Whole systems thinking in design

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Dawn Danby and Jeremy Faludi explore the value of integrating Whole Systems Thinking into the core of your design methodology at the most formative stages

The increasing global demand for energy over the past several decades has put ever-increasing pressure on identifying and implementing ways to save energy. In response, there have been consistent improvements to energy efficiency measures worldwide.

However, as successful as some energy efficiency measures have been, they’re not doing enough to keep our worldwide energy consumption levels from steadily rising. What’s gone wrong? One explanation would be that engineers are still designing for short-term energy gains, instead of keeping the whole system in mind and designing for maximum long-term energy efficiency gains.

For example, as car engines have gotten more efficient, our heavier cars force them to work harder. As our computers get faster, we load them up with more code. Even in the case of household items like refrigerators, as we make them more energy efficient, we keep plugging in more of them. It’s not unusual to find an empty fridge in every hotel room, or an extra one sitting unused in a North American garage struggling to stay cool against the summer heat. In every case, a lot of good engineering is wasted by solving the wrong problems.

Engineering alone unfortunately won’t prevent rebound effects like these or solve the global energy crisis, but designing for radical efficiency gains can help transform the ways we consume energy and slow down the rising energy consumption rates. To do this, engineers and designers need to take a look at the whole system for which they’re designing.

Thinking in systems

Does a car need motors for power-seating or does it need to burn less fuel? Even with well-intentioned innovation, it’s not unusual for an engineer to do a great job optimising a component, only to have the product as a whole perform poorly. For instance, a refrigerator might have a highly efficient compressor that costs twice as much as a normal unit, but if the fridge doesn’t seal well, a few cents worth of rubber gasket can leak away all the energy saved with the expensive compressor. If designers and engineers kept the whole system in mind when designing products, this could be avoided.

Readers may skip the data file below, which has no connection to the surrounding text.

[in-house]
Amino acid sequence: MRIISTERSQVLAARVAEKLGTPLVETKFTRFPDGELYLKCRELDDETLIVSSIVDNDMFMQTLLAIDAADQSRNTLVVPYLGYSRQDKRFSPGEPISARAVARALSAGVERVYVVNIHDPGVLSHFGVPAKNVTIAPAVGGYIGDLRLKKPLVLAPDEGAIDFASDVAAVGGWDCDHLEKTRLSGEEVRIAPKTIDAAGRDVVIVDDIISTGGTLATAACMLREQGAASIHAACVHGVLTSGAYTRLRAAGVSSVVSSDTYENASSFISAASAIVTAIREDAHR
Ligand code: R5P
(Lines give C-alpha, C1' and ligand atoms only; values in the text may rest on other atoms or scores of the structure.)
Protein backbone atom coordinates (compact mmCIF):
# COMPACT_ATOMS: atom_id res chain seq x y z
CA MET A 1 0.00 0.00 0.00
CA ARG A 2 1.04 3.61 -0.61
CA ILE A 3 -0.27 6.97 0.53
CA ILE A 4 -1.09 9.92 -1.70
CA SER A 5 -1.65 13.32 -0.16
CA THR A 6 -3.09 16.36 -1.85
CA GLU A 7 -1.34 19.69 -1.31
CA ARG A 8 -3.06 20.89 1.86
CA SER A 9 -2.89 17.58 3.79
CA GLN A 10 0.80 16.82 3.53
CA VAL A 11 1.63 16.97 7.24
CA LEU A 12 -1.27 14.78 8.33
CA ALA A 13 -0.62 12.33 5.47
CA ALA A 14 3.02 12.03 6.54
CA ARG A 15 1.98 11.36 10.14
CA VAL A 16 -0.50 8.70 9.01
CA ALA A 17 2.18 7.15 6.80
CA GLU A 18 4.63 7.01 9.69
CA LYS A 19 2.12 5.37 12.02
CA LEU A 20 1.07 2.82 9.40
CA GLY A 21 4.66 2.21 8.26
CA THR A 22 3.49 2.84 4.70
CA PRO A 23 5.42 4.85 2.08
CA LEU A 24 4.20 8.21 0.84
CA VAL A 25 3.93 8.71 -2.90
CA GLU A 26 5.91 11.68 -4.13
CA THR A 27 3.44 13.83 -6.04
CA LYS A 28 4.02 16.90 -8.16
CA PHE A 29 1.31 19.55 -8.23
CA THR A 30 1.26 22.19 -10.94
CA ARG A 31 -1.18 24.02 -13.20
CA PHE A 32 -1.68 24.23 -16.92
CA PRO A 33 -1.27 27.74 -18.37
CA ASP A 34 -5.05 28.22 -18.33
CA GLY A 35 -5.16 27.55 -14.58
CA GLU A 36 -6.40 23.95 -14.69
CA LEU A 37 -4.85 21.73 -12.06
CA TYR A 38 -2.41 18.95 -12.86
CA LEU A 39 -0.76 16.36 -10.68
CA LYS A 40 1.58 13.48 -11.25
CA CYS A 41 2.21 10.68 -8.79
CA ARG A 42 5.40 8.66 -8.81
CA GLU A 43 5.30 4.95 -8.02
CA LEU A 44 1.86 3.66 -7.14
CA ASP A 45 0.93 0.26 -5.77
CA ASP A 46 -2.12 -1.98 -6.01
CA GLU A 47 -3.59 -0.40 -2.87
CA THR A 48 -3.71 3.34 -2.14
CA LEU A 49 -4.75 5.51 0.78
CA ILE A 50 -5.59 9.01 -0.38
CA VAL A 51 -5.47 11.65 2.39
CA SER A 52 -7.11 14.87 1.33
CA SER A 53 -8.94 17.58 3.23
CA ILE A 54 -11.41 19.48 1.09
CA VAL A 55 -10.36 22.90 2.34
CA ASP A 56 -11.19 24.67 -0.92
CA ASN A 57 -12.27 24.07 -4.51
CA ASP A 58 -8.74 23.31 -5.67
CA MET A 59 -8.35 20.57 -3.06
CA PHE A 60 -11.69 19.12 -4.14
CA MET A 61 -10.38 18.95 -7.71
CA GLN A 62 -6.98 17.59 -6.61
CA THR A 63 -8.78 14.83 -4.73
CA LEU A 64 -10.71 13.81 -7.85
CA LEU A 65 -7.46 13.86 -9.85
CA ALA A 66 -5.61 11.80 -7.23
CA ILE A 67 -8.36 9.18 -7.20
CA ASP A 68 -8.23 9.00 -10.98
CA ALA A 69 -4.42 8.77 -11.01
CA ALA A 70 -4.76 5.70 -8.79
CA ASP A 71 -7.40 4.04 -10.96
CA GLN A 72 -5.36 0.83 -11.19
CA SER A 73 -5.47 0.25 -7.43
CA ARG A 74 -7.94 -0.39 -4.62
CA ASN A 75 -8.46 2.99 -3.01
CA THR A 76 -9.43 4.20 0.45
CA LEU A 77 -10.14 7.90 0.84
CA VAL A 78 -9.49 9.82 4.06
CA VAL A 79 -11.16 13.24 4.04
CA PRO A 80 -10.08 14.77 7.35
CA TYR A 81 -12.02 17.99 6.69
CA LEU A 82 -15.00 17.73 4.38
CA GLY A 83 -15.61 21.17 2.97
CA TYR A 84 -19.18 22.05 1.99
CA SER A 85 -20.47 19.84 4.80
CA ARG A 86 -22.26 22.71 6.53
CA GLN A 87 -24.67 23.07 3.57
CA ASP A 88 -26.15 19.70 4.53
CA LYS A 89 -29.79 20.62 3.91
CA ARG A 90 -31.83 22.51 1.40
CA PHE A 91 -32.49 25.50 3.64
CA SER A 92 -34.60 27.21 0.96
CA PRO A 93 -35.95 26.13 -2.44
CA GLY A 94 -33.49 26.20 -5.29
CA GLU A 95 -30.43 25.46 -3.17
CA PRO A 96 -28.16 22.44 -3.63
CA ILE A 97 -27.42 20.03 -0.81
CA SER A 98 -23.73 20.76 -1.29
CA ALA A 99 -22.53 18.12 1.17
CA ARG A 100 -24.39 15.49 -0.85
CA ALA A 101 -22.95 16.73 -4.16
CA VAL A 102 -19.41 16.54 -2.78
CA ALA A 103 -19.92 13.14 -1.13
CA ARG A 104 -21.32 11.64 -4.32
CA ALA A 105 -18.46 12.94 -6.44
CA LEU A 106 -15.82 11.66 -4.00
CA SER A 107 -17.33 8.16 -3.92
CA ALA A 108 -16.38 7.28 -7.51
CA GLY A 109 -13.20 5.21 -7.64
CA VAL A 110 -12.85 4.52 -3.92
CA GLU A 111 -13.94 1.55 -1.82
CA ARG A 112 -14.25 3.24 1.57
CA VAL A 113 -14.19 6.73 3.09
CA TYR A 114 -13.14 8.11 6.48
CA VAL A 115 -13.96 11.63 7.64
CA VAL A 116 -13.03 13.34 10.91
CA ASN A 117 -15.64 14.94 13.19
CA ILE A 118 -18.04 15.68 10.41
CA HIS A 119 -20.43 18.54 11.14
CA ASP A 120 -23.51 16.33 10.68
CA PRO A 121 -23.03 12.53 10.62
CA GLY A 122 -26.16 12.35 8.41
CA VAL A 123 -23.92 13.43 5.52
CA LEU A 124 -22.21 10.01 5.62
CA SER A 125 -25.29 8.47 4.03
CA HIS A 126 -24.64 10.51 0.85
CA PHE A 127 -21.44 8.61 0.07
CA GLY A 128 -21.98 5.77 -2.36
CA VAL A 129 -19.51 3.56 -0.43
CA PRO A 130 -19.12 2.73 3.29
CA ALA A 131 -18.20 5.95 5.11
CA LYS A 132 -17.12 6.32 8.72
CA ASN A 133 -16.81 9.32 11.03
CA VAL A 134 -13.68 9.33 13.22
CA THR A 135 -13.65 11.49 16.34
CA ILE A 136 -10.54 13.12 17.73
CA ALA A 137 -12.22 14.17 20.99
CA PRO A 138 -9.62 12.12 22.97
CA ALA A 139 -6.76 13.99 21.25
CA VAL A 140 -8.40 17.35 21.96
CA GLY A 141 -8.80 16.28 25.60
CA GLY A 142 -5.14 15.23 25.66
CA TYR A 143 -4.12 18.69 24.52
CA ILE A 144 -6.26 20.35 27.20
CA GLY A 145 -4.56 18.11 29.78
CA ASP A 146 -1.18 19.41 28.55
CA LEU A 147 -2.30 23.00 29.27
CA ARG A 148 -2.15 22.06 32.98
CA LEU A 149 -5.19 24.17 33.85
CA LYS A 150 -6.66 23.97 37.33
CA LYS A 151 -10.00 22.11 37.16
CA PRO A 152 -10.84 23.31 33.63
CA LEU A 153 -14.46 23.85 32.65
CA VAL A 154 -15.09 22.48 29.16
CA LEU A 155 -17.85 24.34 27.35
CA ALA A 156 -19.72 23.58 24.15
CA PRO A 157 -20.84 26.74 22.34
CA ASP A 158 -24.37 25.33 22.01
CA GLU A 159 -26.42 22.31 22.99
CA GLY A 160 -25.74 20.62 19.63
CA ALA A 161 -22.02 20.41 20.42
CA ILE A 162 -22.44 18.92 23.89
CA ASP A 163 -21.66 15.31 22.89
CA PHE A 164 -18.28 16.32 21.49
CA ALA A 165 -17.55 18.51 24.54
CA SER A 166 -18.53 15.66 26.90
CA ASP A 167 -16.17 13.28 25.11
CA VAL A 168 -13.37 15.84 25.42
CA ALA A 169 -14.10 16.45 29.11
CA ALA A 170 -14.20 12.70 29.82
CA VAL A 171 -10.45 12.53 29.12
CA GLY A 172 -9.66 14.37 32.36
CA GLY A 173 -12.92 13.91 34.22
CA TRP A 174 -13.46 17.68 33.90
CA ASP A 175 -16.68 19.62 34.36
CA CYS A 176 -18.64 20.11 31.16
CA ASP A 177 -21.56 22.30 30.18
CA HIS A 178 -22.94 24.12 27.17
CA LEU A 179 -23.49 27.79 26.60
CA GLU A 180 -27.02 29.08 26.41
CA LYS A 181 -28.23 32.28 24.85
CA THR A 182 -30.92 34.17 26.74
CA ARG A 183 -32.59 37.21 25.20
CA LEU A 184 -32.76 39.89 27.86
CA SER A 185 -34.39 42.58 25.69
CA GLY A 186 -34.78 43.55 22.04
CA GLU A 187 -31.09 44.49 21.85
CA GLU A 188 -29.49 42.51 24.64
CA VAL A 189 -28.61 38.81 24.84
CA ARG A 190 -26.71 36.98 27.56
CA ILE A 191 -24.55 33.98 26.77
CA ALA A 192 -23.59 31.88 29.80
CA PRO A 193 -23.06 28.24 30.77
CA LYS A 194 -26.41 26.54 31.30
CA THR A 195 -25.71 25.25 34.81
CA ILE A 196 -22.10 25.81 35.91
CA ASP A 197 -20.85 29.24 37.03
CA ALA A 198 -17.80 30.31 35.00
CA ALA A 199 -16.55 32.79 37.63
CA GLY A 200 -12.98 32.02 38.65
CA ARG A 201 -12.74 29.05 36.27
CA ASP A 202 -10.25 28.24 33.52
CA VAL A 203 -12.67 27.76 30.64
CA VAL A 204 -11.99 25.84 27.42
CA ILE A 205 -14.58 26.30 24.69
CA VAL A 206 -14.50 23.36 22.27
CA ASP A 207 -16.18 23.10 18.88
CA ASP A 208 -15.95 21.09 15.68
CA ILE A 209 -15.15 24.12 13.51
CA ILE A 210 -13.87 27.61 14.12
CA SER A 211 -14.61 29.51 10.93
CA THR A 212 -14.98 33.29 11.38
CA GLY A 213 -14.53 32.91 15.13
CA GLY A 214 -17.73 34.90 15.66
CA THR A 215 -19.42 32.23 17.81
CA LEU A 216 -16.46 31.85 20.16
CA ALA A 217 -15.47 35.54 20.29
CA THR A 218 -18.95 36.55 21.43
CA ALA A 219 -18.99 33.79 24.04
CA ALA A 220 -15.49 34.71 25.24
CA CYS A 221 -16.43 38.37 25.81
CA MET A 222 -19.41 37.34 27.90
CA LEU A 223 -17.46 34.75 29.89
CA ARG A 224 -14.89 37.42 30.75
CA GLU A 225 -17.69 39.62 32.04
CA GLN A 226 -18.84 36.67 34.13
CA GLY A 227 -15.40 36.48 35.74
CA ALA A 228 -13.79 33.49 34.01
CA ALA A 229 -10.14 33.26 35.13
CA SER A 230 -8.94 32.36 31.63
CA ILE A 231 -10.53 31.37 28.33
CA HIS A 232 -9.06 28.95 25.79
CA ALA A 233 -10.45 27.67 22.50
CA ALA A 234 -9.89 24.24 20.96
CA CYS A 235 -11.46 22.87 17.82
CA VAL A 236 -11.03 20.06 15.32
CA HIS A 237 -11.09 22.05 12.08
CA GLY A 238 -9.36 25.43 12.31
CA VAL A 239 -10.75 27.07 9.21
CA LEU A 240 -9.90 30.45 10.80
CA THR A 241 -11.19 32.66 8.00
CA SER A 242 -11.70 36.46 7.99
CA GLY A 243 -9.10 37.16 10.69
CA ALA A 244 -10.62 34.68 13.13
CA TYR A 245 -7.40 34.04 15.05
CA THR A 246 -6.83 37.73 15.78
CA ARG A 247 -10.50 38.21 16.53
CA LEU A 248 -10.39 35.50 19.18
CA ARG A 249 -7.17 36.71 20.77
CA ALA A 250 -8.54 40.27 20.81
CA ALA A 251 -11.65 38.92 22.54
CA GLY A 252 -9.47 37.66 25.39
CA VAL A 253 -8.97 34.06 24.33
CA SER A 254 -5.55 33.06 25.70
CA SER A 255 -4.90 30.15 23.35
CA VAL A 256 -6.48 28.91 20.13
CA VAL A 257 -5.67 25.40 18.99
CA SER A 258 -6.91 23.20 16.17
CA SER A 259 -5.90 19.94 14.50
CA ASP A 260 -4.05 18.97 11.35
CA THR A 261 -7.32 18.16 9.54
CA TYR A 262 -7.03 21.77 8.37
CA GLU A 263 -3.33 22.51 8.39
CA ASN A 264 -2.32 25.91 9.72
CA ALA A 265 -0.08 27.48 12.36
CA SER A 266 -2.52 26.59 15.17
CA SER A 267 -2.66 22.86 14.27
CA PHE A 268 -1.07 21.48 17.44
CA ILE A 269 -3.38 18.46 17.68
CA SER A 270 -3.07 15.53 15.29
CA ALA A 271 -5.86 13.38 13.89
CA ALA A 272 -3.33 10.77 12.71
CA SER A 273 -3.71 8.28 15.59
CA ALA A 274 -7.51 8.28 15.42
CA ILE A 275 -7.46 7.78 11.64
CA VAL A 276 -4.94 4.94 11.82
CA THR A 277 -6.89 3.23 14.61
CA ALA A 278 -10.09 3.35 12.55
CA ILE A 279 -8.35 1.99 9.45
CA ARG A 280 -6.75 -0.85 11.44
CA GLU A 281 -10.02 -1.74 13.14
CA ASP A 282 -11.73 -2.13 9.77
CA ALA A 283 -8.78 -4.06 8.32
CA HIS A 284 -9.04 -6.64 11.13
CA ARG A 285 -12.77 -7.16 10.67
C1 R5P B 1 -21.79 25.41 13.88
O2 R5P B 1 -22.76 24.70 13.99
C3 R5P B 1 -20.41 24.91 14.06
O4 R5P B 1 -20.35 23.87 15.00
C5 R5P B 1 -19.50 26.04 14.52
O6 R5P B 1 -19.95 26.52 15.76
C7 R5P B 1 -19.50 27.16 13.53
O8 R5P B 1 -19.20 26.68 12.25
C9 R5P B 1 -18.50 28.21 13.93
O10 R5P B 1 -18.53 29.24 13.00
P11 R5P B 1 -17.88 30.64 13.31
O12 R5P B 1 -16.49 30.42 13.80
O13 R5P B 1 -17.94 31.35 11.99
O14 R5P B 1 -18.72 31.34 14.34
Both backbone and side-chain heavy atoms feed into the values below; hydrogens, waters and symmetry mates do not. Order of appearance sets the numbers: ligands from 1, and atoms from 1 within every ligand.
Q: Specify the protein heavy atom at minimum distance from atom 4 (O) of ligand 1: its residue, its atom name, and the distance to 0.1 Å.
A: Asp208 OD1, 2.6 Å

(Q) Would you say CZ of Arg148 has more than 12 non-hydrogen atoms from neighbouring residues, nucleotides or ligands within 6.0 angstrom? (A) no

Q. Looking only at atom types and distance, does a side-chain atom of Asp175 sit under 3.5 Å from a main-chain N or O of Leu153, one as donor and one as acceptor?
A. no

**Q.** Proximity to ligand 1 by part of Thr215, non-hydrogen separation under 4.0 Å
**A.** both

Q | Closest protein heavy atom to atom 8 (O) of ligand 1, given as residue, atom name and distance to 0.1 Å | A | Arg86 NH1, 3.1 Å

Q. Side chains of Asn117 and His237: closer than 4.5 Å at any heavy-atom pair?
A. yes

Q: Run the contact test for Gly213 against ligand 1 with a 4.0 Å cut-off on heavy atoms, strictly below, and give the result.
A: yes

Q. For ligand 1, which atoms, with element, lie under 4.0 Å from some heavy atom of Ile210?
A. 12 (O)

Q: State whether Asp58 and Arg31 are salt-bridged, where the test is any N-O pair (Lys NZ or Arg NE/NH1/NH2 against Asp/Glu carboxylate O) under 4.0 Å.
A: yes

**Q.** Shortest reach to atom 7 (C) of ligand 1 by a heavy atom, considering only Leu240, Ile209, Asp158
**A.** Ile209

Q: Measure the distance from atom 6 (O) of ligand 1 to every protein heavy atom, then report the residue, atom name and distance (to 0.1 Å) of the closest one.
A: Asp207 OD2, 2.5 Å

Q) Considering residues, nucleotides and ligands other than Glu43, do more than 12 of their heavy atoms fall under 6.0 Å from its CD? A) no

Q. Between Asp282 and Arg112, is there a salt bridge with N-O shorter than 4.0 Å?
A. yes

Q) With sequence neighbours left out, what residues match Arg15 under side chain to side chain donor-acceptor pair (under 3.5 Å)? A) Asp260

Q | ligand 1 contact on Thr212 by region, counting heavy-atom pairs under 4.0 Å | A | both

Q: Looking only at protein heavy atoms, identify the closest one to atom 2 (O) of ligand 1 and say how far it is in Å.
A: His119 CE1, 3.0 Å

What do we mean when we say “keep the whole system in mind” with respect to designing products? It means thinking about how the entire system of a product works as a whole, rather than focusing on its individual parts.

Now let’s take a closer look at what this means for a refrigerator. Keeping our food cool and well preserved is one of the great improvements of modern life. However, refrigeration is also the biggest energy user in most people’s homes, after heating and lighting. Refrigerators require 4-7% of US residential energy use, according to the Department of Energy; for a single appliance, that’s enormous. The cost of electricity over a refrigerator’s life often exceeds the purchase cost. Consequently, refrigerators demand more observation.

EnergyStar-rated fridges today use up to 75% less energy than an average fridge from the early 1980’s, but there’s still a long way to go. Fridges today are still nowhere near the theoretical minimum.

Improving the efficiency of components is an incremental process that works, but it often gets exponentially more expensive the better components you use – and you hit a point of diminishing returns.
For dramatic improvements, we need technology that’s both radically more efficient and cheaper to buy.

Amory Lovins from Rocky Mountain Institute uses the term “tunneling through the cost barrier” to refer to efficiency innovations that radically reduce all costs for manufacturers and users. For example, several years ago a high school physics teacher in Australia, Tom Chalko, made a refrigerator that used 93% less energy than a similar-sized unit, and only cost $400.